Off-Road Mixology: Campsite Spritzers

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Kickstands & Kevlar is a blog hosted by Overland Expo’s own Motorcycle Community Ambassador, Eva Rupert.

Follow Eva @augusteva.

It’s a common practice amongst those of us with a passion for petrol and dirt to cap off a day of exploring with an adult beverage. Be it a gin and tonic or a frosty IPA, there’s something particularly refreshing about the combination of booze plus CO2 to toast out a day of off-camber ramblings.

Whatever your post-ride ritual is, as you pry off your riding boots, why not try a trail-worthy wine spritzer for a twist on your typical Off-Road Mixology regimen? 

For this article, I selected a number of different canned white wines. The thinking was that maybe I would find a diamond in the rough that could become a mainstay for campsite sipping. It seemed like a good idea at the time, considering that canned wine is generally available at grocery stores and travels well. Alas, I did not uncover any oenological gems. But therein lies the beauty of the spritz; each had a chance to shine with the simple addition of soda water.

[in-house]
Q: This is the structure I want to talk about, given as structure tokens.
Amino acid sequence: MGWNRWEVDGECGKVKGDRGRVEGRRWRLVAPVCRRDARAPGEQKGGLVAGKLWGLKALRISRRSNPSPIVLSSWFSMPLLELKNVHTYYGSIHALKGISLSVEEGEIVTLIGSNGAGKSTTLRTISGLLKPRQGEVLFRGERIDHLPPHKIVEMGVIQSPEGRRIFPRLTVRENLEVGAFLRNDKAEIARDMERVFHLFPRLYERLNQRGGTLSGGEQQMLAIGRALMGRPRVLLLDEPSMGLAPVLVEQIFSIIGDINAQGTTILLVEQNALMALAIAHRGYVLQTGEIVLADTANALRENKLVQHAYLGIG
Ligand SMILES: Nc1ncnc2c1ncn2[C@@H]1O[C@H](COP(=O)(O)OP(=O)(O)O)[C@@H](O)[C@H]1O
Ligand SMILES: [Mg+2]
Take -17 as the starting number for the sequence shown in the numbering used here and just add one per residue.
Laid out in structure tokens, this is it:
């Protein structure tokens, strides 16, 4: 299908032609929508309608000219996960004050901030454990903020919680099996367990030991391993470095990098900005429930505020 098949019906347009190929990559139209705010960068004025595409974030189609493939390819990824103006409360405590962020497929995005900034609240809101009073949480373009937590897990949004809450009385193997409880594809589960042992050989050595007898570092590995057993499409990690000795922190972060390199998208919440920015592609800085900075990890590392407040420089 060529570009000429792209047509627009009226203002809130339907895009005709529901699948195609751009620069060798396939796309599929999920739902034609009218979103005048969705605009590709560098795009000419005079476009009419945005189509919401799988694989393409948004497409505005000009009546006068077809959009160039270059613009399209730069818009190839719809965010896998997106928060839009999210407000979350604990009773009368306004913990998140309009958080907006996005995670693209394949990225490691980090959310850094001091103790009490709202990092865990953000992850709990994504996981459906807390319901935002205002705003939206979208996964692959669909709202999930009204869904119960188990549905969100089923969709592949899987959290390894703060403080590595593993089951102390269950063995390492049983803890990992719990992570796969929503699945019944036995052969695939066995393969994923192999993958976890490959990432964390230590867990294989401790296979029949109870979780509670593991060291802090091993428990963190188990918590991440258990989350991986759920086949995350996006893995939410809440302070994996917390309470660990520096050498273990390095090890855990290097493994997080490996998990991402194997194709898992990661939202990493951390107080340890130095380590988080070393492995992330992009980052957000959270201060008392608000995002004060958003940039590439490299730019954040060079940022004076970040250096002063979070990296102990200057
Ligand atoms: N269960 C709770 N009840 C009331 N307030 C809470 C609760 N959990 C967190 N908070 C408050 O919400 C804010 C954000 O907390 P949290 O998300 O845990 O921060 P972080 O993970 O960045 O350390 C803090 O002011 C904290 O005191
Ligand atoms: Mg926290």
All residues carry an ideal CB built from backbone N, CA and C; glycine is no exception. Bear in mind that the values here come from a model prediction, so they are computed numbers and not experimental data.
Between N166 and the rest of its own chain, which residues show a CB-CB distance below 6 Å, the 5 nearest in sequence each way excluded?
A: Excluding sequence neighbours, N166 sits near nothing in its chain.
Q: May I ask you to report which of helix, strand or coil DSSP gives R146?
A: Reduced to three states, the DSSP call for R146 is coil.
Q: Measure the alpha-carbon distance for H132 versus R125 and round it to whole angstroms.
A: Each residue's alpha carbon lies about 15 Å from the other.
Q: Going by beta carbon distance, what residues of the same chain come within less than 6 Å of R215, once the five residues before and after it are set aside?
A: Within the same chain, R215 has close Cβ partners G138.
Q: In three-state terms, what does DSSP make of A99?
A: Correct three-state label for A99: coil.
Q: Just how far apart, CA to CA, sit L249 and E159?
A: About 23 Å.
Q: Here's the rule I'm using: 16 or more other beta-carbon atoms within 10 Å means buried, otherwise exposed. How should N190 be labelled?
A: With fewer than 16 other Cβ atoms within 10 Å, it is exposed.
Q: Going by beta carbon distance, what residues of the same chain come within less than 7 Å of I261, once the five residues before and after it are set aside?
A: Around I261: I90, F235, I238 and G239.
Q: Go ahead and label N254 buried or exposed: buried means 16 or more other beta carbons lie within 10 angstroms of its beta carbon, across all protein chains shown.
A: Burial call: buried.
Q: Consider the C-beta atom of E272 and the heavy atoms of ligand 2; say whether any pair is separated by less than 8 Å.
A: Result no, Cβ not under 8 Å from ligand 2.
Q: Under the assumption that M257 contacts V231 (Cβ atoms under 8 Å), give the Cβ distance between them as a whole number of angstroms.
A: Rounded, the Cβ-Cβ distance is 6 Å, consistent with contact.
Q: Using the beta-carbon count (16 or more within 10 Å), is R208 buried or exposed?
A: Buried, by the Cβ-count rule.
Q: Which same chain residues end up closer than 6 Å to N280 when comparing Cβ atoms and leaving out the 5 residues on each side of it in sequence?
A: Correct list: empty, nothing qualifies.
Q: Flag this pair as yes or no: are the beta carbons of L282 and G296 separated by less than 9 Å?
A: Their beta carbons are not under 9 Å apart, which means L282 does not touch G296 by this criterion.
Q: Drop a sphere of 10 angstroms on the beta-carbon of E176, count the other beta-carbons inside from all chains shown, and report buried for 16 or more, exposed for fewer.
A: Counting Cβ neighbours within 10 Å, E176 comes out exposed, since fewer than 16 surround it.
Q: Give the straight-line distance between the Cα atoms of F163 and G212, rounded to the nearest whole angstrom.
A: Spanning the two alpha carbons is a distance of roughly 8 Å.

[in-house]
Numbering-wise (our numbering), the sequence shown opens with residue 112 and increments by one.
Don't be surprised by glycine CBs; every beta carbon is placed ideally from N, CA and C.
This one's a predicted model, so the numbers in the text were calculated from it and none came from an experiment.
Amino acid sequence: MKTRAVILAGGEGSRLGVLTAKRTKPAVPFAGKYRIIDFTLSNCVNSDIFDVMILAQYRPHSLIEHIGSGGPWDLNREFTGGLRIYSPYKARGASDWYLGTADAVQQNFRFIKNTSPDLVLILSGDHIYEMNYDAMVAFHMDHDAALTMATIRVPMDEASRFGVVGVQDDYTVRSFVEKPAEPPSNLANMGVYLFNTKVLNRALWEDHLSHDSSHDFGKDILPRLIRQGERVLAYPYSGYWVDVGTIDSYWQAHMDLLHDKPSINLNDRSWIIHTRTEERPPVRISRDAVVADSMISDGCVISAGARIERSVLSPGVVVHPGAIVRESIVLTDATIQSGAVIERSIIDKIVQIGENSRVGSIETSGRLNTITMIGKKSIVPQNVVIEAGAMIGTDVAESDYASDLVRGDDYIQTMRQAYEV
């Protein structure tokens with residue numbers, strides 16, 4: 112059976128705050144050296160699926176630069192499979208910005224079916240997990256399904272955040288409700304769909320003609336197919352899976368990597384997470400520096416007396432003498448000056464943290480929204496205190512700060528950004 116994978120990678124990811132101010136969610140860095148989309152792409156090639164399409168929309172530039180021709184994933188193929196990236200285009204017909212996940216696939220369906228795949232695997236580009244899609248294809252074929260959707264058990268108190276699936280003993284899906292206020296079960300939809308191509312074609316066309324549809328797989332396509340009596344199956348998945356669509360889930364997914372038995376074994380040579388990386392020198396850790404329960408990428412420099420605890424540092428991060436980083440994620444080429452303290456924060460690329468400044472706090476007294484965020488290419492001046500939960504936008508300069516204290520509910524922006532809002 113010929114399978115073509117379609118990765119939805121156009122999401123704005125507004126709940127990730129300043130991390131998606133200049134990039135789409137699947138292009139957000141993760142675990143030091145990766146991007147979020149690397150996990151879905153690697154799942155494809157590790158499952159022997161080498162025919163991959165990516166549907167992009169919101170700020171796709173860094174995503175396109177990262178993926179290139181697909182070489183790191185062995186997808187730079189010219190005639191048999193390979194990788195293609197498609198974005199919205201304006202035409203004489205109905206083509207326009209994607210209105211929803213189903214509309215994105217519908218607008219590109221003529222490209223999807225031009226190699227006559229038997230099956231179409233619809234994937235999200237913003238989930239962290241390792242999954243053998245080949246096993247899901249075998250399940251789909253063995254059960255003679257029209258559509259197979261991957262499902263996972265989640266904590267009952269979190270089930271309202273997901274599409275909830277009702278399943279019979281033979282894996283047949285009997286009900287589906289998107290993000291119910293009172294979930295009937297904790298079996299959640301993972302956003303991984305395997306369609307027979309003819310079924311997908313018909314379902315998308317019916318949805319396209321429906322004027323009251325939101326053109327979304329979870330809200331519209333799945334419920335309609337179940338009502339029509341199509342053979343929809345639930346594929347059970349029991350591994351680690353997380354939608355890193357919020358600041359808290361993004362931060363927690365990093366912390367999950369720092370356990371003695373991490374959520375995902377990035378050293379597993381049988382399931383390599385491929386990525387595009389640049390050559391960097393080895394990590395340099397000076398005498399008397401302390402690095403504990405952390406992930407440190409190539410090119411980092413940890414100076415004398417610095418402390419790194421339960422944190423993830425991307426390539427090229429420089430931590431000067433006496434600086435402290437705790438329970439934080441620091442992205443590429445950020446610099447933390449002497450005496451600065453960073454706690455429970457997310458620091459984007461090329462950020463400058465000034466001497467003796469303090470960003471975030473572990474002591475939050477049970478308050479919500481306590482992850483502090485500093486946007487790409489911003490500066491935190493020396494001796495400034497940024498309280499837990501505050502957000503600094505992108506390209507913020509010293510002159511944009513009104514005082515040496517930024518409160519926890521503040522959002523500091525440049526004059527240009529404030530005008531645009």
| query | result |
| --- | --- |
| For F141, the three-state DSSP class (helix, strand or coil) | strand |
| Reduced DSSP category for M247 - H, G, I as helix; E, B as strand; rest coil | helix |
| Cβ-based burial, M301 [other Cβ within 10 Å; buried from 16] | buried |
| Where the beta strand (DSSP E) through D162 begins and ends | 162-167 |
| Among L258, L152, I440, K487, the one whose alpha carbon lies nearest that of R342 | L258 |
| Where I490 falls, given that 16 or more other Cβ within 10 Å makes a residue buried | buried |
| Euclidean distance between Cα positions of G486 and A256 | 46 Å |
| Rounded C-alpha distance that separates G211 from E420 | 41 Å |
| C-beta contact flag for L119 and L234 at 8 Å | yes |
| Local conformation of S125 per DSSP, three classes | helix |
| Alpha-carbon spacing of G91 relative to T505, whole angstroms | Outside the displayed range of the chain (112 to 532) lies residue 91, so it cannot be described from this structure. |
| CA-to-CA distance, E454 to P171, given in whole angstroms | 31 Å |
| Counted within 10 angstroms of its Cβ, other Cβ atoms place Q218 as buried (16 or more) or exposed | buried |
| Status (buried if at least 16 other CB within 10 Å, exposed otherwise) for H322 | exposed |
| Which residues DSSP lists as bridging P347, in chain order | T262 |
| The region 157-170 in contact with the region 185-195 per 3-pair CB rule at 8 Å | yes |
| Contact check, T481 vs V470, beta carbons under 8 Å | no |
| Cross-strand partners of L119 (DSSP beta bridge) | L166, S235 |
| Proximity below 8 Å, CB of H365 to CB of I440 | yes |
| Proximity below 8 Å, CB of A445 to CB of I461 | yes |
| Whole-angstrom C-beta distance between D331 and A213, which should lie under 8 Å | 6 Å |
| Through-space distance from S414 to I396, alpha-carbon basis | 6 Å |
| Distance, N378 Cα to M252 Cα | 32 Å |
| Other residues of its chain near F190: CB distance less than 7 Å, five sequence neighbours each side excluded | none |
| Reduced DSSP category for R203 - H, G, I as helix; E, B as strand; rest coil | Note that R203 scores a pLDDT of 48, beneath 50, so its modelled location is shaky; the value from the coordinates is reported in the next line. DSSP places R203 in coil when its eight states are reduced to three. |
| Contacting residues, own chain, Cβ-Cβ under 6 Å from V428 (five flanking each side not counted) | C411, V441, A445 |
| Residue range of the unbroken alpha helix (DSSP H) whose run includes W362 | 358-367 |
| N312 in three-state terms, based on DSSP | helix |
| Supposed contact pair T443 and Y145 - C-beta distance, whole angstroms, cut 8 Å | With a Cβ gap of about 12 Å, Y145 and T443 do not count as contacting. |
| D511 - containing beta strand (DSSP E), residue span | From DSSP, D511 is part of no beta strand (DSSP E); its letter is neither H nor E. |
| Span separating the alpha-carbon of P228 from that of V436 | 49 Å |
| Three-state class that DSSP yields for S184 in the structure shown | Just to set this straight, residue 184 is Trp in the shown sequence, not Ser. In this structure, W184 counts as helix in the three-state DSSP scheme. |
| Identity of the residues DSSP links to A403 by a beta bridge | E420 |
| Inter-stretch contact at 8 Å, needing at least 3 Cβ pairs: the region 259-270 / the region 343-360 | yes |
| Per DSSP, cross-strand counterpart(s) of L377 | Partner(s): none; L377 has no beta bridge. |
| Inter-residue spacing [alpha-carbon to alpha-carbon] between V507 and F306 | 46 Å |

The biggest consideration when planning for spritzers in the backcountry is the availability of ice. If you’re traveling in your truck and have a cooler, you’re all set. If traveling by motorcycle, you’ll have to plan ahead a bit more. I often fill one of my insulated bottles with ice at my pre-camp fuel stop and purchase a bottle of water to refill the thermos once the ice is gone. Ice is essential to the wine spritzer, as drinking warm white wine would just be a bummer.

The history of overlanding and wine spritzers is so deeply intertwined that … wait. No, there is actually no connection whatsoever, other than the fact that D.I.Y. wine coolers make for a perfect libation after adventuring. Believe me, I like a good IPA after a long day in the dirt as much as the next girl. But these quaffable cocktails are perfectly suited to warm summer campouts.


The Classic Spritzer

The spritzer has its roots in ancient Greece, when drinking wine without mixing it with water was wholly frowned upon (perhaps that has something to do with the pungent nature of Parthenon-era fermentation techniques?). The modern spritz can be traced back to the 19th century with the invention of soda water and grew in popularity during the robust cocktail culture of the early 1900s.

Believe me, I like a good IPA after a long day in the dirt as much as the next girl. But these quaffable cocktails are perfectly suited to warm summer campouts.

Spritzers can be made with any dry white wine and adjusted to taste. For my classic spritzer, I used Dark Horse Pinot Grigio. It was my favorite of the canned wines I brought to the campsite and, most likely, the only one that I would consider bringing on another adventure for sipping straight. I typically suggest a 2:1 ratio for wine to sparkling water plus a healthy squeeze of lime, but feel free to tweak this to suit your tastes.

  • 5oz Dry White Wine

  • 3oz Soda Water

  • Lime or Lemon Wedge

Fill your cup with ice, add wine and soda, and squeeze a wedge or two of citrus over the top. Enjoy!


The Bicicletta